Source: The Endocrine Society
Exposure to dim light at night, which is common in today's lifestyle, may contribute to the spread of breast cancer to the bones, researchers have shown for the first time in an animal study.
More than 150,000 U.S. women had breast cancer in 2017 that metastasized, or spread outside the breast, according to an estimate from the National Cancer Institute.
When breast cancer spreads, it often goes to the bones, where it can cause severe pain and fragile bones.
In this preliminary study the researchers created a mouse model of bone metastatic breast cancer. They injected estrogen receptor-positive human breast cancer cells that have a low propensity to grow in bones into the tibia, or shinbone, of female mice.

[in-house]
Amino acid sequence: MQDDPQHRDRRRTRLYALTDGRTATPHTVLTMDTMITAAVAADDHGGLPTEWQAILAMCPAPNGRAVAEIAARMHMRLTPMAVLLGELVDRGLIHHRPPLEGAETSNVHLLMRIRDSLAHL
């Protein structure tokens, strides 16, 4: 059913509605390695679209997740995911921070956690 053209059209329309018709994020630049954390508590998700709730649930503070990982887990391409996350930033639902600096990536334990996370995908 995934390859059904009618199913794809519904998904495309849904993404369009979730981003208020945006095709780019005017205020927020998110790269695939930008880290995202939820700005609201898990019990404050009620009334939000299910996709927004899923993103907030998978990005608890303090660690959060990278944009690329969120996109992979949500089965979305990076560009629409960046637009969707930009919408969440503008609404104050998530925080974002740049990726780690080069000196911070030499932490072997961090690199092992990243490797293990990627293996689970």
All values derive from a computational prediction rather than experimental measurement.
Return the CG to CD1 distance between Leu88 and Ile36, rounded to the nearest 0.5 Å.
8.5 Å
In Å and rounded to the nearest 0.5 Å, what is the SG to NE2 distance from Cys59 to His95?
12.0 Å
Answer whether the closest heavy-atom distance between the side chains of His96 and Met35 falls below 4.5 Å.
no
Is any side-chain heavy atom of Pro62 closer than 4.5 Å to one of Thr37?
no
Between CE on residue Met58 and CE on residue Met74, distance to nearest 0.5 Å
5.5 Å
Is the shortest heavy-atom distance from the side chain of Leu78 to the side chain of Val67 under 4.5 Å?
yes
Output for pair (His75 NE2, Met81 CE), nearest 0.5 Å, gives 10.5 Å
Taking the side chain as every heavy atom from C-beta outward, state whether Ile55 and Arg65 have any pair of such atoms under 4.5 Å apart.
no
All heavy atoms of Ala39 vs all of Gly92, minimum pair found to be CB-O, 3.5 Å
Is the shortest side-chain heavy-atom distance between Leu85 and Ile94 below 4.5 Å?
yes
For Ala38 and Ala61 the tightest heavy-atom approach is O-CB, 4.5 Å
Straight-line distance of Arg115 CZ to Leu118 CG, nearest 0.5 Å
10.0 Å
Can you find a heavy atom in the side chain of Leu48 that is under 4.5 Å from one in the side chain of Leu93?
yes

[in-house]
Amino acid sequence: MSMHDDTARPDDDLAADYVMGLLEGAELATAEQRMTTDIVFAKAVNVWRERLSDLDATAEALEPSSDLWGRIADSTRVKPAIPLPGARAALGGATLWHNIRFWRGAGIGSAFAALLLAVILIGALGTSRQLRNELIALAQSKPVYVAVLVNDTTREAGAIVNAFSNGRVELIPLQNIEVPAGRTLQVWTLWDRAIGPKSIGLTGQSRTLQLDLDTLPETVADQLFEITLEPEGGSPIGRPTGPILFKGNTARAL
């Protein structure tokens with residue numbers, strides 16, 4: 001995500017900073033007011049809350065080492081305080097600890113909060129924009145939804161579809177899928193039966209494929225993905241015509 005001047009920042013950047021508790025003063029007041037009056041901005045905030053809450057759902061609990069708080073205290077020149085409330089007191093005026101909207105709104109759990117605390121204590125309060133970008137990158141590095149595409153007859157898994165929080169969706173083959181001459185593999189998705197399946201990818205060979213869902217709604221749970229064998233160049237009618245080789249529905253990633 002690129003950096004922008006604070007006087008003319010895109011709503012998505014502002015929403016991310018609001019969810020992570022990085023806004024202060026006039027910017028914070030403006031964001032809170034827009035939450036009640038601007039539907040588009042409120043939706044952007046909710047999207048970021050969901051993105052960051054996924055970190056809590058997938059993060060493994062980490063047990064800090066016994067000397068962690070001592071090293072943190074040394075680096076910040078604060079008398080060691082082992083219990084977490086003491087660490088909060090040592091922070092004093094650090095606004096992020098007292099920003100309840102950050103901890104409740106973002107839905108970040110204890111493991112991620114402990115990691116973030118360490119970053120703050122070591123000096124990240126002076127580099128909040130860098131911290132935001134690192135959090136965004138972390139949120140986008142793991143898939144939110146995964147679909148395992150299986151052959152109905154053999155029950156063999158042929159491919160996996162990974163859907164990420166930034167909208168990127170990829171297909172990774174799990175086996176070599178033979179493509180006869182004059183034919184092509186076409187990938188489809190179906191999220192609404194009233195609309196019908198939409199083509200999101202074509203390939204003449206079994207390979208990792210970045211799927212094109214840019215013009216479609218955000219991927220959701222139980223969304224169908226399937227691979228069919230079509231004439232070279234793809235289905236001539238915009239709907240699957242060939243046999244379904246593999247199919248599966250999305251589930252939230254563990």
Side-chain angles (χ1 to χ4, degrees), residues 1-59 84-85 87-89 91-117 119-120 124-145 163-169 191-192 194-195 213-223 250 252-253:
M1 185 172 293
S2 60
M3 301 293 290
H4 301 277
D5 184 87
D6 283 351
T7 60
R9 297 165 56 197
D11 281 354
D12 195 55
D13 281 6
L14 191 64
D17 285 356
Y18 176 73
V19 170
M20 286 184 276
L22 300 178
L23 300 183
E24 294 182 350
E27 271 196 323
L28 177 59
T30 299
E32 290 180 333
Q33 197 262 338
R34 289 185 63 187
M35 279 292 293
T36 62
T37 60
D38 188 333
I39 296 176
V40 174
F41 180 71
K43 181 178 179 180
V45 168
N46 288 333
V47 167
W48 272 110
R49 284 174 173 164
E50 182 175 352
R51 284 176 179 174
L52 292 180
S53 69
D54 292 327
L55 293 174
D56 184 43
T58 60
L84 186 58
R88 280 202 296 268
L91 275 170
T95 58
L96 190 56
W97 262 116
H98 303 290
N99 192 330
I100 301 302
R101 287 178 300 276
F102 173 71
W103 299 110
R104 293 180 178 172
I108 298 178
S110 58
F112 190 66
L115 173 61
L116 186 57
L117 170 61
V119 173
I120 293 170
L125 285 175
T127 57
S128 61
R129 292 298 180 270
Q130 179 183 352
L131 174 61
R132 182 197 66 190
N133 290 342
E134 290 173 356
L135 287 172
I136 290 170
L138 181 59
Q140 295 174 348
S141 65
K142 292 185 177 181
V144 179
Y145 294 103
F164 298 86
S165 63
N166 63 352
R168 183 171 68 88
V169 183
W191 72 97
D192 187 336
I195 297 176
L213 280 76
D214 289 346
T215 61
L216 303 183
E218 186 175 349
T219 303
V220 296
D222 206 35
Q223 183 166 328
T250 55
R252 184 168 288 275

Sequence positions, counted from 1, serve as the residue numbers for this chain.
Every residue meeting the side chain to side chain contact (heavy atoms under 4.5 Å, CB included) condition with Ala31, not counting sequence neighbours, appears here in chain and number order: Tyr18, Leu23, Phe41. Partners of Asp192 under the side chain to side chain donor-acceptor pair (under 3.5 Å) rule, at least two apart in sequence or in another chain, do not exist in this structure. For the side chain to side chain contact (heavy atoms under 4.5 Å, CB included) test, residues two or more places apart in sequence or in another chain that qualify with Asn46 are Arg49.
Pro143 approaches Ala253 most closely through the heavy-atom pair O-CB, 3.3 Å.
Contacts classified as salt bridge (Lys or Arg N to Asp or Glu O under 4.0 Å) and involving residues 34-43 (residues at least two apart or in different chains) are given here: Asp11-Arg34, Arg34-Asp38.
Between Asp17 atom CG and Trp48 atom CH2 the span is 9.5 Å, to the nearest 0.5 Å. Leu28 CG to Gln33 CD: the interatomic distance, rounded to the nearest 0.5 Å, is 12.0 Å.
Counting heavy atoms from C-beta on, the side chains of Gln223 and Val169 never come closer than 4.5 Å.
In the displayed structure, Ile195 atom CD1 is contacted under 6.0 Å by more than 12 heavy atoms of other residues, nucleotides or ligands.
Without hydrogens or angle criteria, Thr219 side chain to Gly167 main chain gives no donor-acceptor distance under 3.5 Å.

Like humans, the mice used in this study produce a strong nighttime circadian melatonin signal.
This nighttime melatonin signal has been shown to produce strong anti-cancer actions and also promotes sleep
X-ray images showed that mice exposed to a light/dim light cycle had much larger tumors and increased bone damage compared with mice kept in a standard light/dark cycle, he reported.